Member Blogs > ten pound island book companyThis Week's Guest Blog

  • Sun, 26 May 2013 02:54:55    Permalink
    Last week I wrote about naval hero James Lawrence, Washington Irving's biography of him, and friend Tom Halsted's article in the Boston Sunday Globe about his famous naval battle. A few days later Tom forwarded a link to another article he'd written, this one on his blog "Beam Reach." Well, it was right in Ten Pound's wheelhouse (I am mentioned in the article, but actually it was colleague Garrett Scott who solved the mystery therein) and I asked Tom if I could reprint it. He graciously assented so, without further ado, here is this week's guest blog...

    The Sailor King and I
    My grandfather, the painter Charles Hopkinson (1869-1962), was a contemporary and friend of the English essayist, novelist, and Poet Laureate John Masefield (1878-1967). The two shared a love of the sea (as every schoolboy knows, Masefield wrote Sea-Fever, which begins I must down to the sea again, though almost everyone who quotes it thinks he meant to write I must go down to the sea again... Wrong).

    Hopkinson proposed a fourth verse for Masefields poem Cargoes, which contrasted the glamour and beauty of an ancient Phoenician galley and a Spanish galleon, with the grime and grit of a dirty British coaster. Hopkinsons addition celebrated the Saucy Yankee schooner with her high-peaked mainsail, thrashing down to Gloucester in a Northeast gale. Masefield loved it.
    In August 1919 Masefield gave Hopkinson a handsome house present, a leather-bound copy of the 1784 edition of William Falconers An Universal Dictionary of the Marine. I acquired the book, which I had long admired, from Hopkinsons estate some 30 years after his death.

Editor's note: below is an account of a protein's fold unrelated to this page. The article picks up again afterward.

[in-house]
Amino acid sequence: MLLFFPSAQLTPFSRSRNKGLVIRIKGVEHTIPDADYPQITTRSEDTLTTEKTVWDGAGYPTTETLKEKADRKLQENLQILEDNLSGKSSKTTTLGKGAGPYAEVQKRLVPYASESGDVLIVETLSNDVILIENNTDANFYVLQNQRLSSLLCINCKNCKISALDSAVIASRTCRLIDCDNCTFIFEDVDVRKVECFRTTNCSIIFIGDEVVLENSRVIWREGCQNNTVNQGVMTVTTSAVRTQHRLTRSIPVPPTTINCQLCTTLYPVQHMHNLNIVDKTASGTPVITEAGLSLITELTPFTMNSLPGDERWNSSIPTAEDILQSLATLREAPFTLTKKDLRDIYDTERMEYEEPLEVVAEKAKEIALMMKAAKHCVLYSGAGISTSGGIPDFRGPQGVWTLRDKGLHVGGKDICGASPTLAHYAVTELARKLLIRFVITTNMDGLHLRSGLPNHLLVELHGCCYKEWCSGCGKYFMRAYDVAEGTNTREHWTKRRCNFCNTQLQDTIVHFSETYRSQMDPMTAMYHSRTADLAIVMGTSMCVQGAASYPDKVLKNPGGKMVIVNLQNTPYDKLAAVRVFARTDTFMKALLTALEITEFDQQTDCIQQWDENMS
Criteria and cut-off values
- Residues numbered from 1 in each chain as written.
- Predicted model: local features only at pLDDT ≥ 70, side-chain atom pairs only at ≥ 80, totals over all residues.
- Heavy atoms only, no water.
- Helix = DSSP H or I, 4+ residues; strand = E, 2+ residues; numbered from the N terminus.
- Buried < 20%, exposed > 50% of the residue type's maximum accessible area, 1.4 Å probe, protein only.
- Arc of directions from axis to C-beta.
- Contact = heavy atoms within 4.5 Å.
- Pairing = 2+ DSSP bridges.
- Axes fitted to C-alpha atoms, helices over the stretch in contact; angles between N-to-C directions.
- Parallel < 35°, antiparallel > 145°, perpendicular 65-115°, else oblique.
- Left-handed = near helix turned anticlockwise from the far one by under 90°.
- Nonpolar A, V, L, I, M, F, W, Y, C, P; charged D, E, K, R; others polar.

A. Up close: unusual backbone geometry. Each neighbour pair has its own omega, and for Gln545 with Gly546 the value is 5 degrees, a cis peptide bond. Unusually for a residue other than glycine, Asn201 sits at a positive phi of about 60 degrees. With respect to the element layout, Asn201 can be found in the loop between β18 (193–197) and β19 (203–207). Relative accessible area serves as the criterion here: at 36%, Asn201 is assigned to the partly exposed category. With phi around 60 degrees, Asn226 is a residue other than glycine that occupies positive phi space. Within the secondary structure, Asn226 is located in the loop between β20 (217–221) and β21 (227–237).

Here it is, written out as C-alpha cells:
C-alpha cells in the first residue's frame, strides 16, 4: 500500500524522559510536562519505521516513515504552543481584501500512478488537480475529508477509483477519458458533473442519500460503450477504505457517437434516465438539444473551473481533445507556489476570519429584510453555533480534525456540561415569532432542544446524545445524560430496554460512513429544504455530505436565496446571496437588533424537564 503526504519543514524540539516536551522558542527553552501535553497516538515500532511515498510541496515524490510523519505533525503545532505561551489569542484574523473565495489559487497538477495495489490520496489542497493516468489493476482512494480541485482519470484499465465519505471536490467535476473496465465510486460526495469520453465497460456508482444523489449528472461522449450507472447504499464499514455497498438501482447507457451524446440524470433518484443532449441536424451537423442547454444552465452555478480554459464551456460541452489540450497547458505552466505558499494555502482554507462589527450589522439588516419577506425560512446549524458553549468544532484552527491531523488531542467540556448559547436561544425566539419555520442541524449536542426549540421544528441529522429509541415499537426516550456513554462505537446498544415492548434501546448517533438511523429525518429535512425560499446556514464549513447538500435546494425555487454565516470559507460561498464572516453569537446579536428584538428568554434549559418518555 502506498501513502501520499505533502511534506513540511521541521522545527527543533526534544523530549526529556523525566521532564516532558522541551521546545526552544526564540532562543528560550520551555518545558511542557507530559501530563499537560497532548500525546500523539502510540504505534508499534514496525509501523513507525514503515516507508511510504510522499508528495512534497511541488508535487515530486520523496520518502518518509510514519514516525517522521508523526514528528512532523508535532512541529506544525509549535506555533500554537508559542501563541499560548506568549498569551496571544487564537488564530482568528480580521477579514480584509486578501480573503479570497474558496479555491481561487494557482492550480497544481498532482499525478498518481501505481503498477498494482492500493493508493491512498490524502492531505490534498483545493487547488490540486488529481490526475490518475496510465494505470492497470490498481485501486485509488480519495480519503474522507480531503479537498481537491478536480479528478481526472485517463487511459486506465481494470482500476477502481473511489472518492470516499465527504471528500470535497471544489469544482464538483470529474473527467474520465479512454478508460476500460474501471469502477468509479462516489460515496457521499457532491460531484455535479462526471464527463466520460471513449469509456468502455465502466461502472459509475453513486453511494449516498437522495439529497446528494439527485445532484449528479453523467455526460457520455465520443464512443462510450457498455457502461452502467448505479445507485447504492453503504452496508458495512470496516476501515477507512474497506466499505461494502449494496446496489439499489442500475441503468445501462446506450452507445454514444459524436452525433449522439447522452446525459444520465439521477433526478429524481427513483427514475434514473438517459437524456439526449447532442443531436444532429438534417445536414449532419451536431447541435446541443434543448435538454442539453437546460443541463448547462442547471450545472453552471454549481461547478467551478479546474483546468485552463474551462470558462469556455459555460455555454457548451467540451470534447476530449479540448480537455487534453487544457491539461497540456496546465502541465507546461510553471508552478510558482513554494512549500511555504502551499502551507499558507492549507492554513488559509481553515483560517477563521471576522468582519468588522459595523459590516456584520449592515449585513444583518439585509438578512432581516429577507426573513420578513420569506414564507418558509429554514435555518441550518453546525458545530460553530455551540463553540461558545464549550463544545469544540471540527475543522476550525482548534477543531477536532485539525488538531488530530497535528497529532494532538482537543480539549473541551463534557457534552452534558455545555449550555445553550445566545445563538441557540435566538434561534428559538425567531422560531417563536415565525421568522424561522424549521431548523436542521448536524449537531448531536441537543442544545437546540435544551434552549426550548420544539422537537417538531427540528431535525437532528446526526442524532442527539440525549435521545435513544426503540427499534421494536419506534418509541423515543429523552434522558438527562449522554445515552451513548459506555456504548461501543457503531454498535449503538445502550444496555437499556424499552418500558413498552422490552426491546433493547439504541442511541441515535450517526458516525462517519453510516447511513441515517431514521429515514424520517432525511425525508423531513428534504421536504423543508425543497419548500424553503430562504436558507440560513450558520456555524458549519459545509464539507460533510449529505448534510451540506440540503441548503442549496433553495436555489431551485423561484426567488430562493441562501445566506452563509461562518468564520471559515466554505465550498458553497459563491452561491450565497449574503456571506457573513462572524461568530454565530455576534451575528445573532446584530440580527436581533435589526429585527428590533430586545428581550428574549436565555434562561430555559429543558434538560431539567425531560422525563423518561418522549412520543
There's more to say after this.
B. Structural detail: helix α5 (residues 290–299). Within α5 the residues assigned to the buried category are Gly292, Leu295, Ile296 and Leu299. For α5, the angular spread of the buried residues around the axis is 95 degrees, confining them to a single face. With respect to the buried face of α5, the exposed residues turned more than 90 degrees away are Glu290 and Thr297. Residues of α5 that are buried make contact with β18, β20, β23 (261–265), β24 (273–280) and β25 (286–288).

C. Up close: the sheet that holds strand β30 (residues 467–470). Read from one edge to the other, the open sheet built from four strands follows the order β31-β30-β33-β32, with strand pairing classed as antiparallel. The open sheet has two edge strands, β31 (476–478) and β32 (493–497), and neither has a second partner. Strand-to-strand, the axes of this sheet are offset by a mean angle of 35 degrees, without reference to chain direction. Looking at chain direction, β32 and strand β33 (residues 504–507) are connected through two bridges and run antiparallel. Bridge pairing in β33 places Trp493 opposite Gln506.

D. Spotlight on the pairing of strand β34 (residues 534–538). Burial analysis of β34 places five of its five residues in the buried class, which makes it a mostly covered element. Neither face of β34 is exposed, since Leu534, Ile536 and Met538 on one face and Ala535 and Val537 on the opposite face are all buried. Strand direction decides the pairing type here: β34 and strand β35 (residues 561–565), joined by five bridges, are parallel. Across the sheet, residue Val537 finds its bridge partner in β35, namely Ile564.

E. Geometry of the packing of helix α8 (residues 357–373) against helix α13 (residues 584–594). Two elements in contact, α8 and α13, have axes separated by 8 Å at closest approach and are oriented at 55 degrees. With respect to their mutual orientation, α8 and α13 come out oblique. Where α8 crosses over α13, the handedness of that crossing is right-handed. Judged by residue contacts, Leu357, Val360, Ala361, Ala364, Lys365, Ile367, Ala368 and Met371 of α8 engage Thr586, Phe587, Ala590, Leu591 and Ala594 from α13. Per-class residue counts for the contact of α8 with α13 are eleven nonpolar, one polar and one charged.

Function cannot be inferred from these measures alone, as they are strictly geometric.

The dictionary, commonly just called Falconer, was first published in 1769, the year of Falconers death in a shipwreck. It went through four major revisions, the last greatly expanded in 1815. Facsimile copies of the book have been made, and there are now several digitized versions.

    The book was immensely popular among sailors, shipwrights and naval architects, and routinely carried aboard British naval vessels throughout the age of sail. It not only provided thousands of definitions of nautical terms and tactical maneuvers; it contained many fold-out plates, illustrating marine equipment and armament, diagrams of naval maneuvers, navigation methods, and construction details. My edition has a dozen such plates, filled with exquisite drawings, charts and diagrams. Those plates have been cut out of many of the other existing copies, perhaps by shipwrights needing them as guides for construction details, but, happily, mine is intact.

    The book also contains a glossary of French nautical terms, and scattered throughout, amplifying various definitions, are comments reflecting the prevalent attitude of Britons toward their neighbors across the Channel, with whom they had been almost continually at war since 1756. Heres an example: